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Genesys Differentiates with Blended AI Approach
The first combined Genesys/Interactive Intelligence event, bringing together customers, partners, consultants, analysts and media, was held last week in Indianapolis, CX17Indy. The tone was set first thing Monday morning when Genesys announced G-NINE (the next generation of Genesys solution). As reported by No Jitter associate editor Michelle Burbick, the announced G-NINE “innovations” include Kate, described as customer service-specific artificial intelligence (AI).
Over the course of the week, those of us hungry for additional information about Kate were not disappointed. I was particularly taken by the effort given to create a Kate persona, a back-story if you will. The description below went by somewhat quickly on a slide used by Genesys CMO Merijn te Booij during his keynote presentation on Tuesday, but I think it offers insight into the company’s approach to AI.
“Meet Kate. Kate is unique. She is not your average girl. She is genuine in everything she does. Her loyalty is phenomenal and you never have to doubt her. Kate’s kindness inspires others to do good things. Kate is not weak though. She is a strong independent girl who can get herself through anything she sets her mind to. She is hilarious! Sometimes she has a dry sense of humor and other times she just knows how to make people laugh :)
Kate has been told by many that her advice changes the way they look at life. Kate has a very bubbly personality that makes anyone comfortable talking with her. She is able to learn quickly and apply. Kate has many good personality traits but she is not self-conceited. As a matter of fact, she has some downers too. Sometimes Kate can be a little too sarcastic. That can offend some people, but she apologizes. She also has a tendency to procrastinate from time to time. But she still manages to get everything done.”
Reading through this, I see myself in Kate (e.g., knows how to make people laugh, can offend some people, but she apologizes, a tendency to procrastinate but gets everything done). There was no graphical depiction of Kate offered (unlike Salesforce Einstein, but similar to Alexa and Siri), but I picture Kate in her mid-20s with a spikey haircut, probably brunette.
Why is the fact that I identify with Kate important? Because it emphasizes what I saw as a differentiating attribute of Kate’s brand of AI -- that she’s here to work with and assist live agents, not replace them. In the past few months I’ve seen numerous headlines, like this one for example, “When Will AI Virtual Support Agents Replace Your IT Service Desk?” A sensational blog title you might think, meant to draw clicks? No, it is the title of an April 2017 Gartner piece.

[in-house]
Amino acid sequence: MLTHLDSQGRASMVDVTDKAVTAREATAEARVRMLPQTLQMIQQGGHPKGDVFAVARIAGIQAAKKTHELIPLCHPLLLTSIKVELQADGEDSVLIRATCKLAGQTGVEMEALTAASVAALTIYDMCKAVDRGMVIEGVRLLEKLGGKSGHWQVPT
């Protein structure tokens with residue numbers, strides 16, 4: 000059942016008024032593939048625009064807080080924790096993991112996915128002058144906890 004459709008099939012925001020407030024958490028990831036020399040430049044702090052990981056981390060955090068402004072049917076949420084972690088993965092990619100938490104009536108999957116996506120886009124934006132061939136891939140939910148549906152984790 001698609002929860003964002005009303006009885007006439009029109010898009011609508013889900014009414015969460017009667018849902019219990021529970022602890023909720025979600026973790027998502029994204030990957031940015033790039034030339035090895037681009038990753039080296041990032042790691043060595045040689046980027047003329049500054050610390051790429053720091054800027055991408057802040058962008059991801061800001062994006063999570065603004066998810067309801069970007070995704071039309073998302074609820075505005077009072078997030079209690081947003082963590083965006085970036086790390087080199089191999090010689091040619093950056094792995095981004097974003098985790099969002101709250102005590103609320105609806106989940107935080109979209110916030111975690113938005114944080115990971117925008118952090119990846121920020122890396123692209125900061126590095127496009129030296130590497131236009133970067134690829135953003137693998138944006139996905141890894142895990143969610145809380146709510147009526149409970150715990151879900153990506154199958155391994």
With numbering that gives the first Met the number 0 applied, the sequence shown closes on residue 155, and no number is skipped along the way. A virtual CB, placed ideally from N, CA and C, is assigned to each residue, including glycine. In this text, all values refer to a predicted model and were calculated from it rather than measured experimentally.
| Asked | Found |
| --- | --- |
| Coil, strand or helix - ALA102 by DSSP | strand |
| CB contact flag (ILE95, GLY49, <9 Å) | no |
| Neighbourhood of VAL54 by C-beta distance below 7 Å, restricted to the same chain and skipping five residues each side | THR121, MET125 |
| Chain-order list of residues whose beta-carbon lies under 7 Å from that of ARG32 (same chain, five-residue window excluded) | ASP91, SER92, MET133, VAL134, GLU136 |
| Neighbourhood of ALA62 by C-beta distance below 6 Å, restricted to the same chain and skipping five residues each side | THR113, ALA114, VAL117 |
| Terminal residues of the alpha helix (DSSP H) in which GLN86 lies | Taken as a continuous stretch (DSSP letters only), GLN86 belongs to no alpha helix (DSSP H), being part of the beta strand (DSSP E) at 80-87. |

While others may talk about AI being used to support live workers, Genesys is emphasizing that attribute with how it presents and talks about Kate. I was able to attend one of the 70 breakout sessions offered at CX17Indy that expanded on this notion of automation assisting live agents. The session title was "Blended AI" and the speaker was Christopher Connolly, Genesys vice president, solution strategy.
From a solution perspective, Kate is described as combining artificial intelligence, bots, machine learning, and micro-applications so companies can deliver personalized, proactive, and predictive experiences while running a smart business. The combined power of Kate and live staff to solve customer problems is what Genesys is calling "blended AI."
I believe there was a touch of the magic of Genesys marketing in Connolly’s session subtitle, “Where Bots and Automation Collide with the Power of the Human Touch.” It supported Connolly’s definition of blended AI: A hybrid execution that blends automation and machine learning with real agents to better handle customer inquiries.
It would be impossible to summarize Connolly’s 45-minute session in a few words but one of his slides answers the question of how Kate fits into the increasingly complex world of AI.
The diagram reinforces that Kate is not designed to compete with currently available AI platforms, such as IBM's Watson and Salesforce's Einstein. Connolly explained that Genesys believes that AI platforms like Watson and Einstein can be made even smarter by leveraging Genesys’s deep understanding of customer conversations in and across all channels.
A visual distinction is also made in the diagram between what Genesys is attempting with Kate and the emerging chatbot category. Connolly defined a chatbot as a computer program that runs automated tasks and can be designed to simulate conversation with human users.
It is no accident that the name Kate has both Greek and Latin roots to the word “pure,” (a loose connection to Genesys’s three portfolio products PureCloud, PureConnect, and PureEngage). It is also no accident that Kate and Genesys’s new branding was announced at the same time. If Genesys gets its wish, the aspirational capabilities of Kate and the New Genesys will be forever linked.